Perfectionism and its dangers to knitters

perfectionism quote Julia CameronPerfection = everything is exactly the way I think it should be.

Perfectionism wormed its way into my psyche when I was a small child. It’s taken years to weed out. I always appreciate when a comedian or TV show pokes fun at those of us who deal with it.

Have you ever seenĀ Grace and Frankie? It stars Jane Fonda as Grace. She’s an immaculate socialite and retired CEO of her own beauty empire. Lily Tomlin is Frankie, the hippie artist; a pot-smoking, bleeding-heart liberal. The female odd couple become housemates following their respective divorces. Their husbands are partners in a law firm and have fallen in love with each other.

Aside from the star wattage and the laugh-out-loud writing, I love seeing the differences between Grace and Frankie play out. The women gradually influence each other in positive ways. (Even characters in their seventies are capable of growth and change.)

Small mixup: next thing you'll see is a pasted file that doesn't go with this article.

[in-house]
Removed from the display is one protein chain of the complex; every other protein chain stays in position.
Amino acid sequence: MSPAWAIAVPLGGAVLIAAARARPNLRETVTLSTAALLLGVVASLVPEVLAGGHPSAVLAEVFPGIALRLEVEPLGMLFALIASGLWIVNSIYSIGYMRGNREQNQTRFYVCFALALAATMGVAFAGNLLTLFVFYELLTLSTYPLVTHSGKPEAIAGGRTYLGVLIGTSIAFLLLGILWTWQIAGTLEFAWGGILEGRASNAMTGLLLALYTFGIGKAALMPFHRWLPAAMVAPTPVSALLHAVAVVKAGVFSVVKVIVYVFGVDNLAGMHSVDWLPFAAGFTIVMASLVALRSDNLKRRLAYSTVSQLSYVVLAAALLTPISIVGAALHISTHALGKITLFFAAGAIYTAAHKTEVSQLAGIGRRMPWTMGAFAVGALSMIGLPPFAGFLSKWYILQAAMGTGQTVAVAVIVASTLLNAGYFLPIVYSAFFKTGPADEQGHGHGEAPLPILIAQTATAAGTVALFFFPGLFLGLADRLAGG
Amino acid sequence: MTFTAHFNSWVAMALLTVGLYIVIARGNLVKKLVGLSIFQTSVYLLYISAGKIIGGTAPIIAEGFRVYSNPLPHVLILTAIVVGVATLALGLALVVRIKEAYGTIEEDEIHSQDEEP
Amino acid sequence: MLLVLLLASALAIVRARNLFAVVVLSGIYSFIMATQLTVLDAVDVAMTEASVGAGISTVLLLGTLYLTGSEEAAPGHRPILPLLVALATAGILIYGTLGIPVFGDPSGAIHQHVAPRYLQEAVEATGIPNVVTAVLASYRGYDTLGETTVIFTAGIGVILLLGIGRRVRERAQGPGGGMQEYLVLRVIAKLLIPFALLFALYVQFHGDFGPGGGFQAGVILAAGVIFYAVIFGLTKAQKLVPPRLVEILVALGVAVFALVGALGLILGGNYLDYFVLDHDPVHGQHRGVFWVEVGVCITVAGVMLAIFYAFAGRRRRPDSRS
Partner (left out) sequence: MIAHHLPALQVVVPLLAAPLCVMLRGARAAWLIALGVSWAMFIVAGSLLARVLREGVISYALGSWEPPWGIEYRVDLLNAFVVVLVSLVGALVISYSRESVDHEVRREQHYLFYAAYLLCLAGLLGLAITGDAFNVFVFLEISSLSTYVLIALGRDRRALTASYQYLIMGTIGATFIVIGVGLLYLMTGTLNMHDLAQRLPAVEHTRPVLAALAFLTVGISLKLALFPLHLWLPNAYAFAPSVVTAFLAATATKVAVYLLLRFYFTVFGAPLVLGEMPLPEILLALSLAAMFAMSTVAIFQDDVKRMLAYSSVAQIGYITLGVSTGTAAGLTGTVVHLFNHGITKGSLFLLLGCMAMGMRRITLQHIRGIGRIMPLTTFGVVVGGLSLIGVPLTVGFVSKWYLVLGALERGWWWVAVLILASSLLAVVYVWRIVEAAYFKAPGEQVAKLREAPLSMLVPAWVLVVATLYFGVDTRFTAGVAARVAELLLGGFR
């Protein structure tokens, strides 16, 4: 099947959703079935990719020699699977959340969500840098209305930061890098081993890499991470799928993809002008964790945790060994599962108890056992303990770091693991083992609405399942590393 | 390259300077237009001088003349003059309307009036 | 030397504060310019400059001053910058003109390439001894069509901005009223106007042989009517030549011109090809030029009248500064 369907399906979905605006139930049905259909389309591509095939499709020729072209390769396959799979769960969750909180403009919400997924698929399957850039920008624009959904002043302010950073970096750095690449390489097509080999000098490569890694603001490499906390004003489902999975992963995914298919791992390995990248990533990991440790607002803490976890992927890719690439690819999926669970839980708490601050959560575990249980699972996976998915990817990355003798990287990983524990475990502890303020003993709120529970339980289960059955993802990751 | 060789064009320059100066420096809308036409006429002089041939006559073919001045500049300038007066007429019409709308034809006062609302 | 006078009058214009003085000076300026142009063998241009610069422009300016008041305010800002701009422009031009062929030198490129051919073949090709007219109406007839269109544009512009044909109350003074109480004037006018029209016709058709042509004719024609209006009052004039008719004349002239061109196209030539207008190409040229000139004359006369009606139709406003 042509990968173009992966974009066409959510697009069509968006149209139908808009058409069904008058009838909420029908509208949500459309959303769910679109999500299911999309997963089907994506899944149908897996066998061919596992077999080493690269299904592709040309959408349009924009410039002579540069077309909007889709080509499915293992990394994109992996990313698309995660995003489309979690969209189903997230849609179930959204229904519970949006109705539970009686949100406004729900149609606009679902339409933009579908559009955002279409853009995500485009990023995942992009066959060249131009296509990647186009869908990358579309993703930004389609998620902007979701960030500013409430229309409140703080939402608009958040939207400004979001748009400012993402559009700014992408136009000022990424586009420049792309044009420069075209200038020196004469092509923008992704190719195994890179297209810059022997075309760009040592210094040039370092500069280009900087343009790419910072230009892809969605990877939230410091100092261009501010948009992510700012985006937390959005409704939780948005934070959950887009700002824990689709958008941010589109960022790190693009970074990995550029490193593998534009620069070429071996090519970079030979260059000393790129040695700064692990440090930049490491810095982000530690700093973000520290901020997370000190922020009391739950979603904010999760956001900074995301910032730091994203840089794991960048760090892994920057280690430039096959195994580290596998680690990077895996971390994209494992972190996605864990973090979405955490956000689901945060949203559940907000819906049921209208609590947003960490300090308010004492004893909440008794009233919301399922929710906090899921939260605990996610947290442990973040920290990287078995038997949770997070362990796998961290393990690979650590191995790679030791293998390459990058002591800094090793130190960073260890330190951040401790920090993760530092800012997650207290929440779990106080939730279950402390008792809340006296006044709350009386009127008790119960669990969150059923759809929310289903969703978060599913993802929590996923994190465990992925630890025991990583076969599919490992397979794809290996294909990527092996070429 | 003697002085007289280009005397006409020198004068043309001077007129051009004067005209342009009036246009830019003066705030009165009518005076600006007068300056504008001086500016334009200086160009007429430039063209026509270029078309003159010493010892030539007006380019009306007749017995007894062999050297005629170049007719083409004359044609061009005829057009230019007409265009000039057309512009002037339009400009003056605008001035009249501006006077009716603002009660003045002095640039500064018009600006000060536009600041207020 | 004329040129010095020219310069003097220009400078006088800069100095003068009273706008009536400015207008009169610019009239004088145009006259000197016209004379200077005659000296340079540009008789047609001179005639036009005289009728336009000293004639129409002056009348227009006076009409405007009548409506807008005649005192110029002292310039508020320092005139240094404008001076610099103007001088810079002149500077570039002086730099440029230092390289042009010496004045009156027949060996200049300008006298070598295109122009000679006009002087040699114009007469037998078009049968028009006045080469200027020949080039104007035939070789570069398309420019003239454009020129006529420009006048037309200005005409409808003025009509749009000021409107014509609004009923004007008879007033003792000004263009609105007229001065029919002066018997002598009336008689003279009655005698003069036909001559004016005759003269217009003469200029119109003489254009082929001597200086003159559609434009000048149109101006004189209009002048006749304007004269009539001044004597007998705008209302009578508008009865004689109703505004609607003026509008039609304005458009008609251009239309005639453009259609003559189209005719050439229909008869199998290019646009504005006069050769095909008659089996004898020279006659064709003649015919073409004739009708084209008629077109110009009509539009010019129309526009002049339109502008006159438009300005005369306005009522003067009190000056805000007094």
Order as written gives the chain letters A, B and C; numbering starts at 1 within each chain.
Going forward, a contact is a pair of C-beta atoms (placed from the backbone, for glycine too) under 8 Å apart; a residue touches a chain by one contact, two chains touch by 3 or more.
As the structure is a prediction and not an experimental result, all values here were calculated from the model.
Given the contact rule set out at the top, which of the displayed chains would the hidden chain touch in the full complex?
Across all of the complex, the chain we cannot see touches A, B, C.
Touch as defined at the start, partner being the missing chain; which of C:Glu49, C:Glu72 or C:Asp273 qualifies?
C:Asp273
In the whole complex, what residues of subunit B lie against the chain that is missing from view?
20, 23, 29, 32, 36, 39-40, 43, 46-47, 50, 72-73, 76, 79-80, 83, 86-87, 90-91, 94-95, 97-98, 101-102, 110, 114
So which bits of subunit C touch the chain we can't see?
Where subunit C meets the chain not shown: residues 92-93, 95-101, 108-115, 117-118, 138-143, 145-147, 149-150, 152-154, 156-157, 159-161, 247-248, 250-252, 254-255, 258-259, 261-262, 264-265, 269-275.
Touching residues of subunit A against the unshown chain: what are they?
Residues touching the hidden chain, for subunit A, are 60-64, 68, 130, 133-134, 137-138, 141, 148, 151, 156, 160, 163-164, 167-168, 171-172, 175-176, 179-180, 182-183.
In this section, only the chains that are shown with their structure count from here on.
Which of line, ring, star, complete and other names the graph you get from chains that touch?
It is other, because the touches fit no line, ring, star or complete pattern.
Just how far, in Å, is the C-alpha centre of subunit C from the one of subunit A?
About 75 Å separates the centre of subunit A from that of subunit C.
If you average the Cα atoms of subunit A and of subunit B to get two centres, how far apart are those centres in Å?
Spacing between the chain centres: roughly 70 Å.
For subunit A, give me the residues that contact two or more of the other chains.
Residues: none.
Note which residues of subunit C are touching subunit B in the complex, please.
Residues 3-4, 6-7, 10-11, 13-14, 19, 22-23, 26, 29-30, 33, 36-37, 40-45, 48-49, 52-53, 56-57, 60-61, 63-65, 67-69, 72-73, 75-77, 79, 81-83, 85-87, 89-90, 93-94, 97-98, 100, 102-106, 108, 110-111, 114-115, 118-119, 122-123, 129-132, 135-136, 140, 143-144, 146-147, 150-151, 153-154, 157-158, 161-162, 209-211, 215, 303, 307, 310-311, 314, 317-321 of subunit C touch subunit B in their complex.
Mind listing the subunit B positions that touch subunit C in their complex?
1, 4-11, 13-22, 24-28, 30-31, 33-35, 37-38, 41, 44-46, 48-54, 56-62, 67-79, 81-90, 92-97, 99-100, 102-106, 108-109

It’s easy to point to Grace as the ultimate victim of perfectionism.

Her wardrobe, her makeup, and her carefully frosted hair support this. (I suspect Jane Fonda required the show writers to mention her tiny physique at least once per episode.) Everything is carefully prescribed in her life, from her social calendar to the arrangement of furniture in the living room. At first glance, Grace suffers the most from the unexpected schism in her life. She certainly complains about it the most loudly.

Yet Frankie has her own brand of perfectionism too. She has very clear ideas about what should be. Food should be organic; guns are bad no matter what; traditional medicine is suspect.

When we encounter another human being (not, if God is easy on us, our brand-new roommate) whose ideas are equally grounded and diametrically opposed to our own, how do we respond?

And what does this have to do with knitting?
You will meet people who say to you, “You’re holding it wrong.” “There’s a better way to do that.” “Try this instead.”

When this happens, just remember where you are. Do you WANT to try a different way of purling or binding off or whatever? If so, go for it. Remember that it might feel awkward at first. Is it worth pursuing right now? Or is it something to file away for later? You are not on deadline.

Thank your would-be teacher politely and decline her instruction. She may take umbrage. “I’m only trying to help.” Smile, acknowledge her effort, and continue on your (perfect) path.

Leave a Reply

Your email address will not be published. Required fields are marked *

This site uses Akismet to reduce spam. Learn how your comment data is processed.